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Perceived differences in social status between speaker and listener affect the speaker's vocal characteristics


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Tipo de publicación

Científica

Tipología

Investigación y estudios

Medio de publicación

Impreso: Artículos de investigación científica o tecnológica T1

Resumen

Non-verbal behaviours, including voice characteristics during speech, are an important way to communicate social status. Research suggests that individuals can obtain high social sta- tus through dominance (using force and intimidation) or through prestige (by being knowl- edgeable and skilful). However, little is known regarding differences in the vocal behaviour of men and women in response to dominant and prestigious individuals. Here, we tested within-subject differences in vocal parameters of interviewees during simulated job inter- views with dominant, prestigious, and neutral employers (targets), while responding to ques- tions which were classified as introductory, personal, and interpersonal. Wefound that vocal modulations were apparent between responses to the neutral and high-status targets, with participants, especially those who perceived themselves as low in dominance, increasing fundamental frequency (F0) in response to the dominant and prestigious targets relative to the neutral target. Self-perceived prestige, however, was less related to contextual vocal modulations than self-perceived dominance. Finally, we found that differences in the context of the interview questions participants were asked to respond to (introductory, personal, interpersonal), also affected their vocal parameters, being more prominent in responses to personal and interpersonal questions. Overall, our results suggest that people adjust their vocal parameters according to the perceived social status of the listener as well as their own self-perceived social status.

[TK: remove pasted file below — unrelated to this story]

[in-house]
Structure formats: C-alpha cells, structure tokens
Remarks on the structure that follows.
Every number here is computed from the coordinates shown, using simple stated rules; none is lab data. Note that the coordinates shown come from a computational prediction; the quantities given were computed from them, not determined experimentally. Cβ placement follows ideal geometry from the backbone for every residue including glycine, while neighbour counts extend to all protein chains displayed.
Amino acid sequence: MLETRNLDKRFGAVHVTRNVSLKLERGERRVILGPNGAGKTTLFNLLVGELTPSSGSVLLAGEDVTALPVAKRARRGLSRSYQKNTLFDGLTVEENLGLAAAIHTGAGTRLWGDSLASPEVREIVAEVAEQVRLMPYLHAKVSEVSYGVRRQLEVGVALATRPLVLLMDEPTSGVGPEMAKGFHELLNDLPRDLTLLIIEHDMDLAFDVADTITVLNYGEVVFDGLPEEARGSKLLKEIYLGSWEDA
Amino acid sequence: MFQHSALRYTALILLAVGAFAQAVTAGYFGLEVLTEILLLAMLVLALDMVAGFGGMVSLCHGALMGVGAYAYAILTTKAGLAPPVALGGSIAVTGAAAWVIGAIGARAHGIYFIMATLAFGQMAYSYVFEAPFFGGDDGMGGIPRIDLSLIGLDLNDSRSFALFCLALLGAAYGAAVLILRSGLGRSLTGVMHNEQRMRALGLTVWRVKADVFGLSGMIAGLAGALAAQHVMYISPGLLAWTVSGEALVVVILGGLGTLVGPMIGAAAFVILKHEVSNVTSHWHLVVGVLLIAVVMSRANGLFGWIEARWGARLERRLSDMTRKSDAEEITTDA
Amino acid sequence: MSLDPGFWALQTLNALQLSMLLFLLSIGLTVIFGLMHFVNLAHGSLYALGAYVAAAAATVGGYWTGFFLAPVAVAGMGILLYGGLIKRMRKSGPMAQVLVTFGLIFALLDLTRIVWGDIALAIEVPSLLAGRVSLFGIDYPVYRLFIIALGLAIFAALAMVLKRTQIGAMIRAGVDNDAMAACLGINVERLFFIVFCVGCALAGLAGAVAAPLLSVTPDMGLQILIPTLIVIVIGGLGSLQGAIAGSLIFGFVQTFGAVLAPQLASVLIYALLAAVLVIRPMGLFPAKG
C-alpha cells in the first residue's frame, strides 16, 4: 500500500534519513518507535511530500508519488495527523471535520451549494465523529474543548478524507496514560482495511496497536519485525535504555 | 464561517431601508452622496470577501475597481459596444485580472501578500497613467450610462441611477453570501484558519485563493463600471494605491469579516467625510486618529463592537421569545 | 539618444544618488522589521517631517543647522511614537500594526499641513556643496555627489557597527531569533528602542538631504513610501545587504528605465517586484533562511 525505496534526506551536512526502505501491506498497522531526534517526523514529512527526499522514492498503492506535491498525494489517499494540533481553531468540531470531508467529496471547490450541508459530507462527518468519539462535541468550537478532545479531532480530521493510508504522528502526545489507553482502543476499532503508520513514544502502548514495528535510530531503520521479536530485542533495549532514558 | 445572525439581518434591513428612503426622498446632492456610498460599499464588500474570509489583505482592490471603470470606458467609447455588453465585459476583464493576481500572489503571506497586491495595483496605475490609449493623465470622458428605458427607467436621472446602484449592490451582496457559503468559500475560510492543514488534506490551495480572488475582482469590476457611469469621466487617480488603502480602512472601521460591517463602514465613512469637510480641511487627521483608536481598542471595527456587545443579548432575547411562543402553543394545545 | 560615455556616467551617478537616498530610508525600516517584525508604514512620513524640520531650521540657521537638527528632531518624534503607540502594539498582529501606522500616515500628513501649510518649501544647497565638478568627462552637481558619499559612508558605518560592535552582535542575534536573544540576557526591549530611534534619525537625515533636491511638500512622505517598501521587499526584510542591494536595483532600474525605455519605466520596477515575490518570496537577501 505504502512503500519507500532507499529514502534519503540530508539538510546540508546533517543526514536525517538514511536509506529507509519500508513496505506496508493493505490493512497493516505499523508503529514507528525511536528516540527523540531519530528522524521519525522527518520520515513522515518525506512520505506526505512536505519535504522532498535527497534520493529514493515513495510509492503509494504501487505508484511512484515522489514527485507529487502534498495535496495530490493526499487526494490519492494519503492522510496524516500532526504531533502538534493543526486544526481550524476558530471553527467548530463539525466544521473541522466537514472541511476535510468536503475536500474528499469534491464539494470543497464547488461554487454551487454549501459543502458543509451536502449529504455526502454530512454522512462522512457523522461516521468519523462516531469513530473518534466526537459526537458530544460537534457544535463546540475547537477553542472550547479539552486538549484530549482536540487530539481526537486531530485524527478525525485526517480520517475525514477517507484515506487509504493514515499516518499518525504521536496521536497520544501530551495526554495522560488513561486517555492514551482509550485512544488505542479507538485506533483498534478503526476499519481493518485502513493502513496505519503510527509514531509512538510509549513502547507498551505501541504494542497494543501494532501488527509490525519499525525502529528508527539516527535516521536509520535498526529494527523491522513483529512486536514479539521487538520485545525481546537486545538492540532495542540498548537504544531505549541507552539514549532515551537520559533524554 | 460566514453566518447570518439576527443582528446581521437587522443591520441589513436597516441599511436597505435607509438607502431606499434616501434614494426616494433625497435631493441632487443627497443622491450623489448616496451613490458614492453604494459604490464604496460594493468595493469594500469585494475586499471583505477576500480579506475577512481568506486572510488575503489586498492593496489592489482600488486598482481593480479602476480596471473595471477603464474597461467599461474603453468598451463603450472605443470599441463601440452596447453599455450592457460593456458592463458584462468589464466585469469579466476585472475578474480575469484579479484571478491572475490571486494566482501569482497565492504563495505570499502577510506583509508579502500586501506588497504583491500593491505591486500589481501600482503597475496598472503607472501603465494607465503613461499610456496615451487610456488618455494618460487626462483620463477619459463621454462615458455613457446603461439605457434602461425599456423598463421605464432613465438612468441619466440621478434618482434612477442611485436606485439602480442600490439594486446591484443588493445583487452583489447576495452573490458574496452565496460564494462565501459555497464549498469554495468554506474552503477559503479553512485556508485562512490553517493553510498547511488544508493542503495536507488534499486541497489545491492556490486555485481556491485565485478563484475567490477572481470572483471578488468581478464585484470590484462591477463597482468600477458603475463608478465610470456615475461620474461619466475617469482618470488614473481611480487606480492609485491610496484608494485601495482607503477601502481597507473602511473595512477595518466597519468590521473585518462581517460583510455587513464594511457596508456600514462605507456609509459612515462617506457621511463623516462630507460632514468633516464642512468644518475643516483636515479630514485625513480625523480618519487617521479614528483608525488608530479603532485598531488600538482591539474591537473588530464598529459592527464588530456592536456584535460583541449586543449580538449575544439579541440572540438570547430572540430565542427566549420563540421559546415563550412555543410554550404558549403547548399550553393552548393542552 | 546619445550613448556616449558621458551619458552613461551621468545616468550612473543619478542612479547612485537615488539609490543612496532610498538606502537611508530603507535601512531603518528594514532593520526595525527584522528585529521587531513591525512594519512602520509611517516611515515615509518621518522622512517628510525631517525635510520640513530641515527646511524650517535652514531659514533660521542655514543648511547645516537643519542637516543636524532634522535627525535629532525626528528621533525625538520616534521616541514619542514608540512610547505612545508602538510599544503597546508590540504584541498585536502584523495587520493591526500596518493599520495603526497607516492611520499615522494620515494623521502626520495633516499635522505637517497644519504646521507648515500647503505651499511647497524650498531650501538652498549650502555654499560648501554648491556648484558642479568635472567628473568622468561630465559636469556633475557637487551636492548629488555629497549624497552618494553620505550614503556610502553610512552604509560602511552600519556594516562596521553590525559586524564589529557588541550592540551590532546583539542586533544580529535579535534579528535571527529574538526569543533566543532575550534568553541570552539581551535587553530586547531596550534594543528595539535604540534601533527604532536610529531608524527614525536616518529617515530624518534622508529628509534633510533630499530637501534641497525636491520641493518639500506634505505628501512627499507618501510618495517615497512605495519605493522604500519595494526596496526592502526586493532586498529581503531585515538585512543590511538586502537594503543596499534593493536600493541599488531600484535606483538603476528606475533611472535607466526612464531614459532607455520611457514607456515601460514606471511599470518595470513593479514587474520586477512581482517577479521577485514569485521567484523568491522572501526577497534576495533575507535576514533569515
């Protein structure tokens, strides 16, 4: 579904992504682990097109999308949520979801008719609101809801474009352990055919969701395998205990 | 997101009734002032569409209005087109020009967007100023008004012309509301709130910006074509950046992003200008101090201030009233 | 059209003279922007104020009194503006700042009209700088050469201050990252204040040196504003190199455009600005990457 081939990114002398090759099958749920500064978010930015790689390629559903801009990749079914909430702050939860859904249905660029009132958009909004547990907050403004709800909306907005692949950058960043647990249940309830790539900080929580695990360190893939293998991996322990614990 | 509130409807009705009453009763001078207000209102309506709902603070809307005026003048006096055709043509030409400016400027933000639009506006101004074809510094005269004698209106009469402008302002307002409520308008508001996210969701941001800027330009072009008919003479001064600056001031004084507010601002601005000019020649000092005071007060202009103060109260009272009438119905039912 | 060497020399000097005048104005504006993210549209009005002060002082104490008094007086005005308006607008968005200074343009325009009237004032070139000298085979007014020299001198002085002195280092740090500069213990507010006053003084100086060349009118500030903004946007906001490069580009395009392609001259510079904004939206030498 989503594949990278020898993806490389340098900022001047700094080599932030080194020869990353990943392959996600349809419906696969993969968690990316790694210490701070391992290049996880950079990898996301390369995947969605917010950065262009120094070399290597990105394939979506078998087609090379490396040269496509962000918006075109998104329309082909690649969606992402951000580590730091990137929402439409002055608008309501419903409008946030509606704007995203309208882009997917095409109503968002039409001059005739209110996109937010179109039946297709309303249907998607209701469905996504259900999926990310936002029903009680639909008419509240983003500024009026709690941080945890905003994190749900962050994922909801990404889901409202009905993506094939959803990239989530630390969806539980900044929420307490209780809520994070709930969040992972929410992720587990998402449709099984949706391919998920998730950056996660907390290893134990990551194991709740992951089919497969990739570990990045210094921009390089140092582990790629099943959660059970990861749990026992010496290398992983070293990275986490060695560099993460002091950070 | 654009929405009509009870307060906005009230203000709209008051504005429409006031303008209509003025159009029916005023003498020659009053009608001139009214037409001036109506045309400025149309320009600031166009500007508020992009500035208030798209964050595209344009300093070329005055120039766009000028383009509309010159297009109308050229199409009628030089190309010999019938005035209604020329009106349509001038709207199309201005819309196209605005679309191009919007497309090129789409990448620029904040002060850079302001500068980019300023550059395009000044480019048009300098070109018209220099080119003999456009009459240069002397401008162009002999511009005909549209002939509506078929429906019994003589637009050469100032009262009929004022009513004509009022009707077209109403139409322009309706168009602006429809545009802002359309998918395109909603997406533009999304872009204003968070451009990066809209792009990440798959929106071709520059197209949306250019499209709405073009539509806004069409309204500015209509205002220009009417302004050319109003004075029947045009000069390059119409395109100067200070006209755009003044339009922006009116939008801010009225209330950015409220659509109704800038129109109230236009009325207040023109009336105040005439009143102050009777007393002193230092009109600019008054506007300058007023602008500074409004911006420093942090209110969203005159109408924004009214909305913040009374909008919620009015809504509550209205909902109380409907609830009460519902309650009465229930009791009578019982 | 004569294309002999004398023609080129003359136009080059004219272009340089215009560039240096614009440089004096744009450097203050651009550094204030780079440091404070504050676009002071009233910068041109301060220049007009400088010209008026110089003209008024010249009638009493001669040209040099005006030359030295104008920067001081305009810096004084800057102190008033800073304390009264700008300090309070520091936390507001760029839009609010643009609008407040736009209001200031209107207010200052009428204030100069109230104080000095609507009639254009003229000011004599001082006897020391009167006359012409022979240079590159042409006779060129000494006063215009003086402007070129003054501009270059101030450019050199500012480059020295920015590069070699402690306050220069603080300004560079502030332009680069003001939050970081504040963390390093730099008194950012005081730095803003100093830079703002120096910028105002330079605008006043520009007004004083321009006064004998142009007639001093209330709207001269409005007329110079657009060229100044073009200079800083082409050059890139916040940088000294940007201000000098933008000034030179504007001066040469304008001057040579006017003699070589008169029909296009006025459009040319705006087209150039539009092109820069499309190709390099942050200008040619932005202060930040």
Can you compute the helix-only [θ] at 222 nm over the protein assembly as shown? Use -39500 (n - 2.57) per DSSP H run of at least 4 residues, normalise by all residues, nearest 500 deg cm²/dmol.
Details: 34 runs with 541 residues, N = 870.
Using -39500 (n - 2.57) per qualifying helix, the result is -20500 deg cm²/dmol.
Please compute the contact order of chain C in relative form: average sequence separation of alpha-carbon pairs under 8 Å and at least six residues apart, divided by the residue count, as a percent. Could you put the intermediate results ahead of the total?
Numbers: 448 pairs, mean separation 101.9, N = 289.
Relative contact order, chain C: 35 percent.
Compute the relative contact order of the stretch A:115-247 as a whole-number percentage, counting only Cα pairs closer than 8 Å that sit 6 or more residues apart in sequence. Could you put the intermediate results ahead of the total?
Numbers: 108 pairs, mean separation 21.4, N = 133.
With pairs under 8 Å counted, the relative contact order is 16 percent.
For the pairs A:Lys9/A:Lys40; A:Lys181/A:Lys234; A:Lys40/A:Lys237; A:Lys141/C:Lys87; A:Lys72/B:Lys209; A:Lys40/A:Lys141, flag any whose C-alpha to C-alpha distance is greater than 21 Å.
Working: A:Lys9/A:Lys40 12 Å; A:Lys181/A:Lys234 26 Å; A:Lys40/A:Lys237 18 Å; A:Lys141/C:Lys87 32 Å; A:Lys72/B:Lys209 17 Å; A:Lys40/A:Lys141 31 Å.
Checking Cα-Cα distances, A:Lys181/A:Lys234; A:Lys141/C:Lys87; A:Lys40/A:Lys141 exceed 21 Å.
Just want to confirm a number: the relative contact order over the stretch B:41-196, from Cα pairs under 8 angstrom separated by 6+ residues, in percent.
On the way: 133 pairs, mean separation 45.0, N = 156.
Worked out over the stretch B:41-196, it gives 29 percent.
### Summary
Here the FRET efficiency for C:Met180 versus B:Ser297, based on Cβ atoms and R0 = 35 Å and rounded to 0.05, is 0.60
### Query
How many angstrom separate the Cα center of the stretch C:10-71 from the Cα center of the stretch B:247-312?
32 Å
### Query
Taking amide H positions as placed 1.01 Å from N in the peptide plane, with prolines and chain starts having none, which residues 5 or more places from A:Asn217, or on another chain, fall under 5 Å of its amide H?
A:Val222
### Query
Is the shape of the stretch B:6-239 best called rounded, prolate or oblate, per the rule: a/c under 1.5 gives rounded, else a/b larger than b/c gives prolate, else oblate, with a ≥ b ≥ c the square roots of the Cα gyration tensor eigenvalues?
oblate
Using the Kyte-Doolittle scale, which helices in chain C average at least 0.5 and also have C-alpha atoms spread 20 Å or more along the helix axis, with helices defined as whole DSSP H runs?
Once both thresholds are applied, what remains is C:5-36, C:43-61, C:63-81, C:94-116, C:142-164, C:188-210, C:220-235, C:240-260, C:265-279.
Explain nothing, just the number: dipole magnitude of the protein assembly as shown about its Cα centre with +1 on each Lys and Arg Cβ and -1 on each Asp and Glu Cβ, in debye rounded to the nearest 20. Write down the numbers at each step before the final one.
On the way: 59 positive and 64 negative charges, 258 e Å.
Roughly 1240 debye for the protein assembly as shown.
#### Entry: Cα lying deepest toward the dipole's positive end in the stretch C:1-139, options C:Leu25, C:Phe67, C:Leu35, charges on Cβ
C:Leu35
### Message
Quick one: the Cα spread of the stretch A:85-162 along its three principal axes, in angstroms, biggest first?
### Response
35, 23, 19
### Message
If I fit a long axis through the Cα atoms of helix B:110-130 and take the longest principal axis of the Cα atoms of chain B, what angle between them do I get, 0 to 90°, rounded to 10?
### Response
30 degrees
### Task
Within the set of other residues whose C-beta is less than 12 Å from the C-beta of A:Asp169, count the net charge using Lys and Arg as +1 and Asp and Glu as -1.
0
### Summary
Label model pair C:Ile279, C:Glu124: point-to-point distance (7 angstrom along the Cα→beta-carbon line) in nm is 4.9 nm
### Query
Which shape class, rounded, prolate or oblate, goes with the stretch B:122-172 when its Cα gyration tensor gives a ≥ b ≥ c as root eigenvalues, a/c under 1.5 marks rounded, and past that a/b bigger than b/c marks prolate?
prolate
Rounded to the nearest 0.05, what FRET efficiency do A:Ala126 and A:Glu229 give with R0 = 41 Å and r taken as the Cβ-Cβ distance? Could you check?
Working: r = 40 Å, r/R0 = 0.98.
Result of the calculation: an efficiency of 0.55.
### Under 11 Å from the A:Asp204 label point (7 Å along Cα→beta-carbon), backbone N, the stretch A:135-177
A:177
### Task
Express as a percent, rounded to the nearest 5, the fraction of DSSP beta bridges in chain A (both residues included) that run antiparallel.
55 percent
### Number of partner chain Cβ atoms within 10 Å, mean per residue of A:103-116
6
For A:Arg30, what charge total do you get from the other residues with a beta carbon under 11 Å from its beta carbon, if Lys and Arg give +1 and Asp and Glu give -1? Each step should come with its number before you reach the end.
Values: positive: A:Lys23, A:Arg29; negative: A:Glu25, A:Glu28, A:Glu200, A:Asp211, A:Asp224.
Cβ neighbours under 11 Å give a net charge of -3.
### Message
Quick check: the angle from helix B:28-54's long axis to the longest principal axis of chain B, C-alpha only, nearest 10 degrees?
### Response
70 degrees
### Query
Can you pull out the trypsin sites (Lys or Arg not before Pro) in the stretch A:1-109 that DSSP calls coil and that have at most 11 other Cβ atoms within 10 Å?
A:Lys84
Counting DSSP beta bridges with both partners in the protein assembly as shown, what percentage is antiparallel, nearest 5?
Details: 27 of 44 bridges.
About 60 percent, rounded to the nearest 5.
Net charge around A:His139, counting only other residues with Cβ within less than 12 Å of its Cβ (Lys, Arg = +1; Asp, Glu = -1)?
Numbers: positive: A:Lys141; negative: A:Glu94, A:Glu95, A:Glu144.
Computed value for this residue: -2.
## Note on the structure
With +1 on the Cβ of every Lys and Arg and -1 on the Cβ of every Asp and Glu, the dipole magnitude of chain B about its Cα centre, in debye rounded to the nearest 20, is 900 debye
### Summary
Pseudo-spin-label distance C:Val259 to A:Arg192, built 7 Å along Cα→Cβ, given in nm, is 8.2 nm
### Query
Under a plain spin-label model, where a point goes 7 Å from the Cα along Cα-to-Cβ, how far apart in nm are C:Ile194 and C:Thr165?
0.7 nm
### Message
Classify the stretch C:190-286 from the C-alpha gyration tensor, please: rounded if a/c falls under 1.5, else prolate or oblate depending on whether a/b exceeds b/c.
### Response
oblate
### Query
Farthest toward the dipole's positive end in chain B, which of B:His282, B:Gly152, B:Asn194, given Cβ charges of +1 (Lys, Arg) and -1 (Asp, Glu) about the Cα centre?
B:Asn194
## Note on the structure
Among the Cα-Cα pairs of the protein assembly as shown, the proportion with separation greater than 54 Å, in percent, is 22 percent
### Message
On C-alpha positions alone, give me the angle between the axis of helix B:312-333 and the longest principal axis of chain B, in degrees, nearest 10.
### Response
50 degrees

Autores

Juan David Leongómez
Viktoria R. Mileva
Anthony C. Little
S. Craig Roberts

Registro ISSN

1932-6203

DOI Artículo Digital Perceived differences in social status be...cteristics
SNIES Área

Psychology

SNIES Categoría

Psychology (miscellaneous)

Fecha de publicación 14 de junio de 2017
Fecha de aceptación 29 de mayo de 2017
Medio indexado (nombre)

PLOS ONE

Bases de datos donde está referenciada

PubMed, MEDLINE, AGRICOLA, Chemical Abstracts Service (CAS), EMBASE, FSTA (Food Science and Technology Abstracts), GeoRef, Google Scholar, PsychInfo, Scopus, Web of Science, Zoological Records

English information
Title

Perceived differences in social status between speaker and listener affect the speaker's vocal characteristics

Abstract

Non-verbal behaviours, including voice characteristics during speech, are an important way to communicate social status. Research suggests that individuals can obtain high social status through dominance (using force and intimidation) or through prestige (by being knowledgeable and skilful). However, little is known regarding differences in the vocal behaviour of men and women in response to dominant and prestigious individuals. Here, we tested within-subject differences in vocal parameters of interviewees during simulated job interviews with dominant, prestigious, and neutral employers (targets), while responding to questions which were classified as introductory, personal, and interpersonal. We found that vocal modulations were apparent between responses to the neutral and high-status targets, with participants, especially those who perceived themselves as low in dominance, increasing fundamental frequency (F0) in response to the dominant and prestigious targets relative to the neutral target. Self-perceived prestige, however, was less related to contextual vocal modulations than self-perceived dominance. Finally, we found that differences in the context of the interview questions participants were asked to respond to (introductory, personal, interpersonal), also affected their vocal parameters, being more prominent in responses to personal and interpersonal questions. Overall, our results suggest that people adjust their vocal parameters according to the perceived social status of the listener as well as their own self-perceived social status.

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